"It does make sense that children whose brains are rapidly developing should not be banging their head again and again," said Julie Stamm, a Ph.D. candidate in neurobiology and another author of the new study.

Pop Warner, the largest youth football program in the country, states on its website that its injury rate is "one-third the injury rate in high school football (AND) less than one-fifth the injury rate in college football (AND) less than one-ninth the injury rate in professional football."

In a statement provided to The Huffington Post, Pop Warner Executive Director Jon Butler emphasized that the nonprofit organization has improved its safety guidelines as the long-term effects of concussion-related injuries have become more clear.

"Over the last five years, Pop Warner has established protocols and rule changes aimed at improving coaching education, limiting contact and requiring a player who suffers a potential head injury to see a medical professional before returning to play," he said. "We will continue to work with medical professionals and researchers to identify safety approaches that allow players to enjoy the game."

The NFL did not immediately return a request for comment from HuffPost.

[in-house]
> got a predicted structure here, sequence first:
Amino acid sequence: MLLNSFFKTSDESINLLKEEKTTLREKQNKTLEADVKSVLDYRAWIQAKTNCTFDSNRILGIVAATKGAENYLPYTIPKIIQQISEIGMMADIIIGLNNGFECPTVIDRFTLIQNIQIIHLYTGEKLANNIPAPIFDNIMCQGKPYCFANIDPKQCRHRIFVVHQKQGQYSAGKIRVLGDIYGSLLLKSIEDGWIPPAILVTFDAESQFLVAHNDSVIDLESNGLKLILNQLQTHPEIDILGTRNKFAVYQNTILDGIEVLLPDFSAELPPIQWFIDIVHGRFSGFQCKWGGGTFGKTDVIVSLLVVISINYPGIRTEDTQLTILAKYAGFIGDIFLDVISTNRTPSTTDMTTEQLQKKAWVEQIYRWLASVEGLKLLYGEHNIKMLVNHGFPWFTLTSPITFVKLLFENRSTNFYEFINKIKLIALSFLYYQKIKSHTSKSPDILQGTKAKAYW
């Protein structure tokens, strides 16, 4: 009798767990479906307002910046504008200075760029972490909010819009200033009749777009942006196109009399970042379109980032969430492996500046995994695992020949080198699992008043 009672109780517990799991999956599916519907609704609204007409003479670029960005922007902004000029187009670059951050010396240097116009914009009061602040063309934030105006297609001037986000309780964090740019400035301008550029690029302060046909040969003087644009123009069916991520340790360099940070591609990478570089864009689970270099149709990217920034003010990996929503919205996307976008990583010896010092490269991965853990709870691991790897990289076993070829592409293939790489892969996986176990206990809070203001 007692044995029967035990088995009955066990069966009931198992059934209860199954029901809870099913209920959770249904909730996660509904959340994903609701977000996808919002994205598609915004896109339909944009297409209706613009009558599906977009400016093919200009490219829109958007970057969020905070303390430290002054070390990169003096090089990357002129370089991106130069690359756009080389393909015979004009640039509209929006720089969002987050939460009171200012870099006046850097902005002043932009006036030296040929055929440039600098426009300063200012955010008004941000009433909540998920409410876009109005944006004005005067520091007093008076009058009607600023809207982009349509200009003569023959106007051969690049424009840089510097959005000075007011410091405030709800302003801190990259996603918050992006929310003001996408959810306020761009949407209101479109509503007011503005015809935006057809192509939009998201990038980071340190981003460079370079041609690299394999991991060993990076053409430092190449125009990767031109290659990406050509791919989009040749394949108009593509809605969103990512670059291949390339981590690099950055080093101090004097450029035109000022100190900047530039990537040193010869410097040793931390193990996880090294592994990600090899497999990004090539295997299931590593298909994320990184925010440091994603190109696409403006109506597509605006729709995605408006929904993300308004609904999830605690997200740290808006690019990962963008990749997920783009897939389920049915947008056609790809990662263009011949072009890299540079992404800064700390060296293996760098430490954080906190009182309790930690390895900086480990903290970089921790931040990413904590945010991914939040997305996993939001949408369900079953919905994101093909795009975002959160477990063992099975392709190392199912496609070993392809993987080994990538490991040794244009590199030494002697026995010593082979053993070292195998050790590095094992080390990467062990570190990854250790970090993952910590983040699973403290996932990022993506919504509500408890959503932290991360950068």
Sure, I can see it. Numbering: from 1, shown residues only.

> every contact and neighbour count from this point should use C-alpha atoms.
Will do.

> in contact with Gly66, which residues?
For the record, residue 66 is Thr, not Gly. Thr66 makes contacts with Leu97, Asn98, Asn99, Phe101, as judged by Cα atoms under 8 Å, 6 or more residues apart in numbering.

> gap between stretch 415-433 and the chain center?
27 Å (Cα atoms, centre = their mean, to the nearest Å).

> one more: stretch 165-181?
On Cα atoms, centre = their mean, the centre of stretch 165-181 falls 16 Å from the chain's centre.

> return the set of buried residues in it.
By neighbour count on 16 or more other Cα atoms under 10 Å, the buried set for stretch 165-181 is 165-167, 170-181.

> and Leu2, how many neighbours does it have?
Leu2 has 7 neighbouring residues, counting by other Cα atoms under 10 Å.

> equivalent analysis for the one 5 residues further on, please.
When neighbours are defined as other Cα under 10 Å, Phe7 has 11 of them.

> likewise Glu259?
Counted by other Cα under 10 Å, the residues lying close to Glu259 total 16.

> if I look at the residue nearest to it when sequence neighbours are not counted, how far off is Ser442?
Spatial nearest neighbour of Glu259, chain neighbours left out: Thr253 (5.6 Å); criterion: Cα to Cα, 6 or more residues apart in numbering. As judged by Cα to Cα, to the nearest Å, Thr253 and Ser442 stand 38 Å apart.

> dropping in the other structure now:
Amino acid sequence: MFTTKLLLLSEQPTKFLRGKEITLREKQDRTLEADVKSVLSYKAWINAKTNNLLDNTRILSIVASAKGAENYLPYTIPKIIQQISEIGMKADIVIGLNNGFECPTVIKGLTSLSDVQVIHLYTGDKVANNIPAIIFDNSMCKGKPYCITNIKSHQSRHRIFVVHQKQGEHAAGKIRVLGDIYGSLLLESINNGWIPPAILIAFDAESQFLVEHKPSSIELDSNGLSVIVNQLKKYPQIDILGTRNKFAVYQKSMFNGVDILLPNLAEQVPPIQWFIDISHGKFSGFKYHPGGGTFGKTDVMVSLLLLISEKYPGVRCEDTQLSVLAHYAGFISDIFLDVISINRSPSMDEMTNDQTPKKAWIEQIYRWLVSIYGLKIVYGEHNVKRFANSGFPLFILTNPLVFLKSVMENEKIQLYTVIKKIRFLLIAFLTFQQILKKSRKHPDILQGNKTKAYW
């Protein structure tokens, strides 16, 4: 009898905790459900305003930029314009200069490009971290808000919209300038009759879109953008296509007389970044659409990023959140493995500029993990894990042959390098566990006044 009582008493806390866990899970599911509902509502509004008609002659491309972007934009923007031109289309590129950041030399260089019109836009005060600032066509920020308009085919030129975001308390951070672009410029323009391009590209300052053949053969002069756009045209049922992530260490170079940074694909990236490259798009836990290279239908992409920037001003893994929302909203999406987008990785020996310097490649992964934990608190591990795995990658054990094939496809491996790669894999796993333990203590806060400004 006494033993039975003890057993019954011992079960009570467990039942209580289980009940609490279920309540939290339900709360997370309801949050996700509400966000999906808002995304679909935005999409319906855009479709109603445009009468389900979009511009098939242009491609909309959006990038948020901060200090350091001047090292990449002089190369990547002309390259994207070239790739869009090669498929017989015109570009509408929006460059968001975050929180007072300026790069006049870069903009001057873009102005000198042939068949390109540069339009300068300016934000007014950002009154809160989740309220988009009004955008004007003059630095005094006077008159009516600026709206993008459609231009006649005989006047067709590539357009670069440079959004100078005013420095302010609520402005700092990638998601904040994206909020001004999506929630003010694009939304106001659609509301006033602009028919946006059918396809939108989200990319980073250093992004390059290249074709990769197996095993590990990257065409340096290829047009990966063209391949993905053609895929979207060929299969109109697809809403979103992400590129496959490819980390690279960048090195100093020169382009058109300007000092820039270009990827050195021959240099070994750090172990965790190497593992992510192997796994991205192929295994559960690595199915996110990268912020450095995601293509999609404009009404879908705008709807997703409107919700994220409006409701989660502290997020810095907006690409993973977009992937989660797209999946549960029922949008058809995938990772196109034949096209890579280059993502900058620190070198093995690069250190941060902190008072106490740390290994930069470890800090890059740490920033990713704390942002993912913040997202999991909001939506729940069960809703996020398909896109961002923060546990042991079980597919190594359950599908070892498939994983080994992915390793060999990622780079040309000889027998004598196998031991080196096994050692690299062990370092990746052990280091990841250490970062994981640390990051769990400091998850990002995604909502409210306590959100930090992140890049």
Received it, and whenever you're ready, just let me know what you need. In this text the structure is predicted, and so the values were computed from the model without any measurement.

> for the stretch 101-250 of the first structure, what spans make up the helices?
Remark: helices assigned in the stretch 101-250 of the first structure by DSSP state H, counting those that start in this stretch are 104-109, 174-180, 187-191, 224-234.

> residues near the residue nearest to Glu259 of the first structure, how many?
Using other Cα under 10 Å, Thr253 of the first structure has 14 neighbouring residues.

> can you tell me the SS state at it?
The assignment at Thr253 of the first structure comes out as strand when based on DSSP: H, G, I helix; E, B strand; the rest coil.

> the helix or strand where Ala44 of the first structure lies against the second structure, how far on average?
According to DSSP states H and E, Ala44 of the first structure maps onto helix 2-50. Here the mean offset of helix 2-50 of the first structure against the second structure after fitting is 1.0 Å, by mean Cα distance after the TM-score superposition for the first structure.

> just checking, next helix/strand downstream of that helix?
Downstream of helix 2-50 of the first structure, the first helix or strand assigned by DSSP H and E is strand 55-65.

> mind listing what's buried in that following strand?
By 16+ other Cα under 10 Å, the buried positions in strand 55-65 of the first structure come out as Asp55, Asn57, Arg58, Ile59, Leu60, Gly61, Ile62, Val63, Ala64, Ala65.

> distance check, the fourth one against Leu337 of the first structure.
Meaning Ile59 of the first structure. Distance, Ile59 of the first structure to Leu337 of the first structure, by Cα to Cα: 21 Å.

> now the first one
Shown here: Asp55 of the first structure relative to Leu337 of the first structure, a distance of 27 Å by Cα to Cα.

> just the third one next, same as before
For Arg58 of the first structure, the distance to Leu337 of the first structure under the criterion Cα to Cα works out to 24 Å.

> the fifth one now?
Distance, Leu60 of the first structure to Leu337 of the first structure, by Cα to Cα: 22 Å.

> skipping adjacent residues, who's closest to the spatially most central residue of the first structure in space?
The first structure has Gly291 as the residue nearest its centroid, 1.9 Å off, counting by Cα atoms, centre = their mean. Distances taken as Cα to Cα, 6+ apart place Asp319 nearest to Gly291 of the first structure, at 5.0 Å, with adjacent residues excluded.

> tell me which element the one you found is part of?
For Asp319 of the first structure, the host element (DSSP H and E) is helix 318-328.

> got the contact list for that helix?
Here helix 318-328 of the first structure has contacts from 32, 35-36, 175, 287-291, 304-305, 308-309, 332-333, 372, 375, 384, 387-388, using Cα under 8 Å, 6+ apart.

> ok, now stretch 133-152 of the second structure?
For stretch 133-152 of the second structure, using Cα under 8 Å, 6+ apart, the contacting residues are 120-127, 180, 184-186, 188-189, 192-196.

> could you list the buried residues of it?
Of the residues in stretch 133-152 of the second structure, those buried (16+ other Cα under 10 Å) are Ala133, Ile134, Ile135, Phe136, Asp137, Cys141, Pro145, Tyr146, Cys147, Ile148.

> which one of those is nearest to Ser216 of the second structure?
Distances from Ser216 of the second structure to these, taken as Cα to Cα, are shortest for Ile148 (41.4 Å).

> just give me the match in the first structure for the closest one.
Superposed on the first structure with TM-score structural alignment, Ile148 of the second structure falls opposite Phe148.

Speaking to ESPN’s "Outside the Lines," Dr. Julian Bailes, Pop Warner Football’s top medical officer, argued that the new study was "flawed" because of its small sample size. He additionally said that "cumulative exposure" over time is more likely than the age of first exposure to tackle football to explain some NFL players’ cognitive issues.

Stern, the study's senior author, pushed back against Bailes’ criticism in the ESPN article, saying that the men in the two groups of NFL players studied had suffered similar numbers of concussions and spent similar numbers of years playing tackle football.

Concern about football-related concussions does seem to be spreading. A Bloomberg poll from late last year found that 50 percent of Americans surveyed would not want their son to play tackle football. The previous year, ESPN reported that Pop Warner had experienced a 9.5 percent drop in participation between 2010 and 2012. Pop Warner spokesman Josh Pruce has said that participation has leveled off since then.

The authors of the study told HuffPost that the point was not to discourage children from playing sports, but to question some of the ways in which they play it.

"One thing I really want to emphasize is that we really have great hope for youth sports," Stamm told HuffPost. "We really think it’s important for kids to participate in youth sports." But she added, "We just want these children to play these sports safely."

The former NFL players in the study were between the ages of 40 and 69. All had played a minimum of two years in the NFL and 12 years of organized football. The survey was funded by the National Institutes of Health. Participants’ travel was paid for by JetBlue Airlines, the NFL and the NFL Players Association.